You have to assess the risks and the benefits; anecdotes are not really going to help. Is it likely that you will get a clot? No. Are you increasing your risk? Yes. So now you need to examine what benefits you are getting, and decide if they are worthwhile. There are plenty of other forms of bc with less risk, so consider that too.
posted by yarly at 5:32 PM on August 2, 2011

Well, I've been on it for about 4 years and don't have any side effects other than blissfully short and light periods. I am not dead. Will that help you sleep better tonight? You should probably call your doctor anyway since you have a different body than me!
posted by Green Eyed Monster at 5:37 PM on August 2, 2011

Keep in mind that Yaz (and Yasmin) are among the most widely prescribed and taken brand/type of oral contraceptive, so just because of the sheer huuuuuge numbers of women taking them, there's more attention given to their side effects. It doesn't mean that other types don't have risks - all have some risks of something. But lesser common pill brands just won't get the same kind of focus.

I've been on Yasmin (or its generic form 'Ocella') for 4 years, and am 31. No side effects. But you could not pay me ever go back on Ortho Tri Cyclen, which messed me up big time when I was on it. Unfortunately, the pill is really a lot of trial and error, and talking to your doctor. Give it some time. See how you feel. And trust that.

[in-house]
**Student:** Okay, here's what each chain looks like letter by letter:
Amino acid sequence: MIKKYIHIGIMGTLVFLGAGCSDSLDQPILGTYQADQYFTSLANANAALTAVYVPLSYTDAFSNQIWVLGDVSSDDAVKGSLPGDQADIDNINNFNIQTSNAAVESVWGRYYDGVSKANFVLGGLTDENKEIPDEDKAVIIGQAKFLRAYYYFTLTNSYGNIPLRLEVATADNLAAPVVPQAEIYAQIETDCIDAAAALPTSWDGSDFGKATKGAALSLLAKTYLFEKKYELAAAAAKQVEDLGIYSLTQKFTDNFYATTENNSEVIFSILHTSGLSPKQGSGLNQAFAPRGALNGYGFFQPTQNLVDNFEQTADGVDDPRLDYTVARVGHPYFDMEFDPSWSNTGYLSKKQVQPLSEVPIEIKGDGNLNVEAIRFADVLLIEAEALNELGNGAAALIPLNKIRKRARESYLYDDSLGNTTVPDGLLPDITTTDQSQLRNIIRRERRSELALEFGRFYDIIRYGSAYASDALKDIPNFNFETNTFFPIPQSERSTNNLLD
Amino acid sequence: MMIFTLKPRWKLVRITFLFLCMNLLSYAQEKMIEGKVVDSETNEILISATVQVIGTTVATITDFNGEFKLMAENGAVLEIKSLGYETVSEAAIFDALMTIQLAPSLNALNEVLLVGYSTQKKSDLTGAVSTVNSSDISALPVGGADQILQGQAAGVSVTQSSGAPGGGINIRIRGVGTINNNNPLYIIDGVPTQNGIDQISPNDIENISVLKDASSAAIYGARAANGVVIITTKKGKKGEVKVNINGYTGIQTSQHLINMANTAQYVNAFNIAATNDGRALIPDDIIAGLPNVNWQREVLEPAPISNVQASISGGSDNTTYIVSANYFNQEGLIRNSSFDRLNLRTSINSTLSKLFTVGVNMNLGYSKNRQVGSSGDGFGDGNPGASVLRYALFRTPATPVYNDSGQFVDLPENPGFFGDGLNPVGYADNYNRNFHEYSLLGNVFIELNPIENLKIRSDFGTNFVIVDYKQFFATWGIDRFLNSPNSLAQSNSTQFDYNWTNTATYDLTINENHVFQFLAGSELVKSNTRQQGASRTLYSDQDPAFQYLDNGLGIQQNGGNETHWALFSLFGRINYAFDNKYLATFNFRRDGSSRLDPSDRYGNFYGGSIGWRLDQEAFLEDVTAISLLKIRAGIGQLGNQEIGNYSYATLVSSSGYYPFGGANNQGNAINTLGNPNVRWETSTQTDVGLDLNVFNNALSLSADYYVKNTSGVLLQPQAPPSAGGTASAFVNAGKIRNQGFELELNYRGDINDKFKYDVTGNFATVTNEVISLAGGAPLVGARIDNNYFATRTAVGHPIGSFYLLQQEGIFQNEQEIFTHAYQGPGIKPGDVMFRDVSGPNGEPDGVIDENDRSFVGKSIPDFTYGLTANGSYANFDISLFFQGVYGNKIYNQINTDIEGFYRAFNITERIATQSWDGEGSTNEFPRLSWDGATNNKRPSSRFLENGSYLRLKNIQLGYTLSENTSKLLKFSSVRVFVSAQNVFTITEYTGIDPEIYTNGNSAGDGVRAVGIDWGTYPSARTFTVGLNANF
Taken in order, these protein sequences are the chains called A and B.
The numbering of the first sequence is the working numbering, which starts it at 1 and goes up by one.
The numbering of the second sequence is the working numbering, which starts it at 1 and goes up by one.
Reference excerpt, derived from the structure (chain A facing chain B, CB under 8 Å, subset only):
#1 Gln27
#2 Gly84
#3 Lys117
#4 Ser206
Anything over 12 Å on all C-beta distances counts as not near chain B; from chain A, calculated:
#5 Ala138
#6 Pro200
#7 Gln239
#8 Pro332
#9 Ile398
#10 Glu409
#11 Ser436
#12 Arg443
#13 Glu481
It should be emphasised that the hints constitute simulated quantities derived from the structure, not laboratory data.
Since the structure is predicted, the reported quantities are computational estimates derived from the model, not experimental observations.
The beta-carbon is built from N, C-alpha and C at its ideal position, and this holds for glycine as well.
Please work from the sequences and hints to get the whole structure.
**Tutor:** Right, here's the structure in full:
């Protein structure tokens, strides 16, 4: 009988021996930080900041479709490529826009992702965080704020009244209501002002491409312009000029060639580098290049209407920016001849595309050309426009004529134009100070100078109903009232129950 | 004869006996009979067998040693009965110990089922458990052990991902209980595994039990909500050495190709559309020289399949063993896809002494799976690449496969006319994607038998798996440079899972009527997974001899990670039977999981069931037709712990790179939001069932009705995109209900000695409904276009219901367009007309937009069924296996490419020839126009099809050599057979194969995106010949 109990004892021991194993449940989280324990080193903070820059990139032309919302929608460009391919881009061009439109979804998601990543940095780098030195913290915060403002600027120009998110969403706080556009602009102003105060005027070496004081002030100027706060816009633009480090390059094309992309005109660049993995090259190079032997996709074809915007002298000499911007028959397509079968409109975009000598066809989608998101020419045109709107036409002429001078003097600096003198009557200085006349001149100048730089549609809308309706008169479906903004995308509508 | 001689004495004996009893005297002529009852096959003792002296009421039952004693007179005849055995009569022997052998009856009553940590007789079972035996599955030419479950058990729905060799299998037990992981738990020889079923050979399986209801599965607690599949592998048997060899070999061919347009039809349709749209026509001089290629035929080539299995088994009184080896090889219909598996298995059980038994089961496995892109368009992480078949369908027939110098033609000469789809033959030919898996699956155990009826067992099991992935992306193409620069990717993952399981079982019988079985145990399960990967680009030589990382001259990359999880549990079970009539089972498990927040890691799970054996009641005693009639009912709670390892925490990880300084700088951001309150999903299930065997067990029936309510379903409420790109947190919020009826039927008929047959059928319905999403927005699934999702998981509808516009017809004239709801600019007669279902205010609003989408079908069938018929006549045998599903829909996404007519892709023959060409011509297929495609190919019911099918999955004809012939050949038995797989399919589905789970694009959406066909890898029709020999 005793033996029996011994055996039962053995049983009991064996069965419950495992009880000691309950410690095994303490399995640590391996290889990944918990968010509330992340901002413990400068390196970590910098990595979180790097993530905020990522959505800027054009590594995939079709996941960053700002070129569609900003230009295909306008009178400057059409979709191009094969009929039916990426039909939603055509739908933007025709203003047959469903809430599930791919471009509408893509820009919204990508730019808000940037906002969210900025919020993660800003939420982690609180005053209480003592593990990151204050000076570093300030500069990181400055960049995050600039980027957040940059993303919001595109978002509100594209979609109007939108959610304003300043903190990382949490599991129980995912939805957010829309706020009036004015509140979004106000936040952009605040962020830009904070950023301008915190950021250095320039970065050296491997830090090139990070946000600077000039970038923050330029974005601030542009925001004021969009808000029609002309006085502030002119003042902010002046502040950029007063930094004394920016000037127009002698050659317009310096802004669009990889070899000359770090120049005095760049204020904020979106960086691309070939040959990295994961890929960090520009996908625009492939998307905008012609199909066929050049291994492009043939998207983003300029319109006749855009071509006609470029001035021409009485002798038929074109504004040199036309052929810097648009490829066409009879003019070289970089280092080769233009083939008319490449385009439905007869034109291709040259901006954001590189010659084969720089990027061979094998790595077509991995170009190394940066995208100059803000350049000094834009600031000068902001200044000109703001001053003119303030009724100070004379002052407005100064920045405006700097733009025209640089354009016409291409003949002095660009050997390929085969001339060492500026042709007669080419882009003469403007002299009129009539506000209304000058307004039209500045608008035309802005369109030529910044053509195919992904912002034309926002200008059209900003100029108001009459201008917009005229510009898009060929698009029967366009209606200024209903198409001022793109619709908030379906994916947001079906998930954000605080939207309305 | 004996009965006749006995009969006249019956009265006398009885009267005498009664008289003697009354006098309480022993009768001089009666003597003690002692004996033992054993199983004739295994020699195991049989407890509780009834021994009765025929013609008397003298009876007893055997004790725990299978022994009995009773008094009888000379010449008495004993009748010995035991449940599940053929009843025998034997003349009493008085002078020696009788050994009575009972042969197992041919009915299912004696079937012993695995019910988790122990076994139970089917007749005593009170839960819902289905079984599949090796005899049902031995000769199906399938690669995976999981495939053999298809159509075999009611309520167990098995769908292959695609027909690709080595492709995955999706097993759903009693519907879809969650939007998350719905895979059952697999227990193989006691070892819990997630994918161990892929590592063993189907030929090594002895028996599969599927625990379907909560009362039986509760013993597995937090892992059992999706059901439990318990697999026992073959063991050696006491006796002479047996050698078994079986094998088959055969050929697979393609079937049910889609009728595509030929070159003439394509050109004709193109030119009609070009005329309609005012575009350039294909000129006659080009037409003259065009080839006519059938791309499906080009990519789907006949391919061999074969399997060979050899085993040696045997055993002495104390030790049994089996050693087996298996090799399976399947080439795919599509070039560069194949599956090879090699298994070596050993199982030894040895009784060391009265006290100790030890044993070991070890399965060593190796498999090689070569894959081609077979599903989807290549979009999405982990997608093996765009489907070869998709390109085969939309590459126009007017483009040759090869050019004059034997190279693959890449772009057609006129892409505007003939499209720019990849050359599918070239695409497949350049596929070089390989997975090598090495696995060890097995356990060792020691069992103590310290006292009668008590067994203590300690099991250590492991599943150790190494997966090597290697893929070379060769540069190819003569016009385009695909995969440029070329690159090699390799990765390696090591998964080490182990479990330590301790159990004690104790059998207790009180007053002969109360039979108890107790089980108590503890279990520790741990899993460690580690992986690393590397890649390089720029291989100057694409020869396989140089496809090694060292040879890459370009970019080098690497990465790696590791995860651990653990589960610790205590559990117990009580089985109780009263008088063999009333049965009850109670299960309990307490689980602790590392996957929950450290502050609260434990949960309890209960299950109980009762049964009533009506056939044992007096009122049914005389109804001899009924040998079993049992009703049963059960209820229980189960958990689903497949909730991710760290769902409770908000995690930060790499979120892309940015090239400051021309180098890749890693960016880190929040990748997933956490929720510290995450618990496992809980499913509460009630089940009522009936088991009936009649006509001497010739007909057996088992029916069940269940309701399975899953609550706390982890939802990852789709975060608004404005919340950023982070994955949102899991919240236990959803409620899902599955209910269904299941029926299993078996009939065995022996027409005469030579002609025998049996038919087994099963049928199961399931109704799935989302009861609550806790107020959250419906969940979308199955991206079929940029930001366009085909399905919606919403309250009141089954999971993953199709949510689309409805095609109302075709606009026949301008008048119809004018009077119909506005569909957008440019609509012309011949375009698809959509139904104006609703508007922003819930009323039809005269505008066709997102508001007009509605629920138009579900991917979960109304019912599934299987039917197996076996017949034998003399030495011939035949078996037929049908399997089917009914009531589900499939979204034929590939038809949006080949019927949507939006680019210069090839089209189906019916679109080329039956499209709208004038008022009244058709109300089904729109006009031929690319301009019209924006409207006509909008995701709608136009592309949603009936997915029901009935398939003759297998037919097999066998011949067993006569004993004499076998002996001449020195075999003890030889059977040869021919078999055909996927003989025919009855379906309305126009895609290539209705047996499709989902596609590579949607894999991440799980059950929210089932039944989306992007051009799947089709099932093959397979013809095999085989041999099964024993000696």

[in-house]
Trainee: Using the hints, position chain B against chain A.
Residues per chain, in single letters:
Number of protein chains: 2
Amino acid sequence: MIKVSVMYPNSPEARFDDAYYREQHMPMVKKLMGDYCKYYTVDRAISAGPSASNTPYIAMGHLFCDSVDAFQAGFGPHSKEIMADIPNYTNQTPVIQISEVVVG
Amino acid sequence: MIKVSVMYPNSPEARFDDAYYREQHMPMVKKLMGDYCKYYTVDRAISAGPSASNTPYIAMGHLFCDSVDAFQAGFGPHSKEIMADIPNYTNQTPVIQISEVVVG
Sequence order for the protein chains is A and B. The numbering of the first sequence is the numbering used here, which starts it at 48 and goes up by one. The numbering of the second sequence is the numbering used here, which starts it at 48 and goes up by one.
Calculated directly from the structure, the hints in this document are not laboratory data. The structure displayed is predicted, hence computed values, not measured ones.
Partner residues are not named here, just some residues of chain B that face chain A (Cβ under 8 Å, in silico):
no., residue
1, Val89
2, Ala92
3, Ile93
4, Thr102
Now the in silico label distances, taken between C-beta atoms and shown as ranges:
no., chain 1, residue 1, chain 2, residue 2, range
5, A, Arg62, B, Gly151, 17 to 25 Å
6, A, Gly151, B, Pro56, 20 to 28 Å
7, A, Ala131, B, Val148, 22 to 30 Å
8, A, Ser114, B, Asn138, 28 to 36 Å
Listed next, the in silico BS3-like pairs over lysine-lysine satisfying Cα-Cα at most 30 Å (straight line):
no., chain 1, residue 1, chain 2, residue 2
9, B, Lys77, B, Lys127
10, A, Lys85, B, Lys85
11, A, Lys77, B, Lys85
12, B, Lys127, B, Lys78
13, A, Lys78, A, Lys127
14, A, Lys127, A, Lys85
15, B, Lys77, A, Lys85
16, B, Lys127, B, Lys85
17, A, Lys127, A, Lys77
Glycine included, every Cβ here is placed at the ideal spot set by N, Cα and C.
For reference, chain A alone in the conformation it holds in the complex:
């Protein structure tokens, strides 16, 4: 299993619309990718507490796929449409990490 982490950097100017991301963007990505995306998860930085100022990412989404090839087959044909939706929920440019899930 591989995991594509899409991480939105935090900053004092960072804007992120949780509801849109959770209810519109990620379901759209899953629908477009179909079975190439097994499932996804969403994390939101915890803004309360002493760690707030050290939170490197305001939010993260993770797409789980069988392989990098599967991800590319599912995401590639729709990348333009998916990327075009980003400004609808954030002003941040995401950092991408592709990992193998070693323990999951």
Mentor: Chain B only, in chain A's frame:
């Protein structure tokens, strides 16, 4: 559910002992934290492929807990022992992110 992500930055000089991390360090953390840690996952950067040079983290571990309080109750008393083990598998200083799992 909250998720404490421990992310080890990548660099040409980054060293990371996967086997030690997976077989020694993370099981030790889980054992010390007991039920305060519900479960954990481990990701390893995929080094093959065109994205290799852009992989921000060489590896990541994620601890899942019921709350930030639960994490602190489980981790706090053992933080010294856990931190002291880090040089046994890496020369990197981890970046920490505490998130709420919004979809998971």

posted by raztaj at 5:48 PM on August 2, 2011

Are you going to want to get pregnant soon? If not, there's always the IUD option to consider. In the US, there are two: the Mirena, which is hormone-based and lasts for 5 years (side effects can include not having periods at all and some women rarely have systemic effects due to the hormones), and the Paragard, which is copper-based and lasts for 10 years (side effects can include heavy periods and cramps).

There's an awesome LiveJournal community for IUD users and seekers if you're interested.
posted by Addlepated at 6:09 PM on August 2, 2011 [1 favorite]

The NuvaRing is/was my favorite, but my new insurance doesn't cover it. The medication is released more locally than in other hormonal BC methods, and this supposedly reduces the risks of side effects. Also, YMMV but the Mirena IUD gave me terrible ovarian cycts and I had to go back to pills after 5 months. DepoProvera made me constantly nauseated. Again, just my personal anecdote, FWIW.
posted by wowbobwow at 6:53 PM on August 2, 2011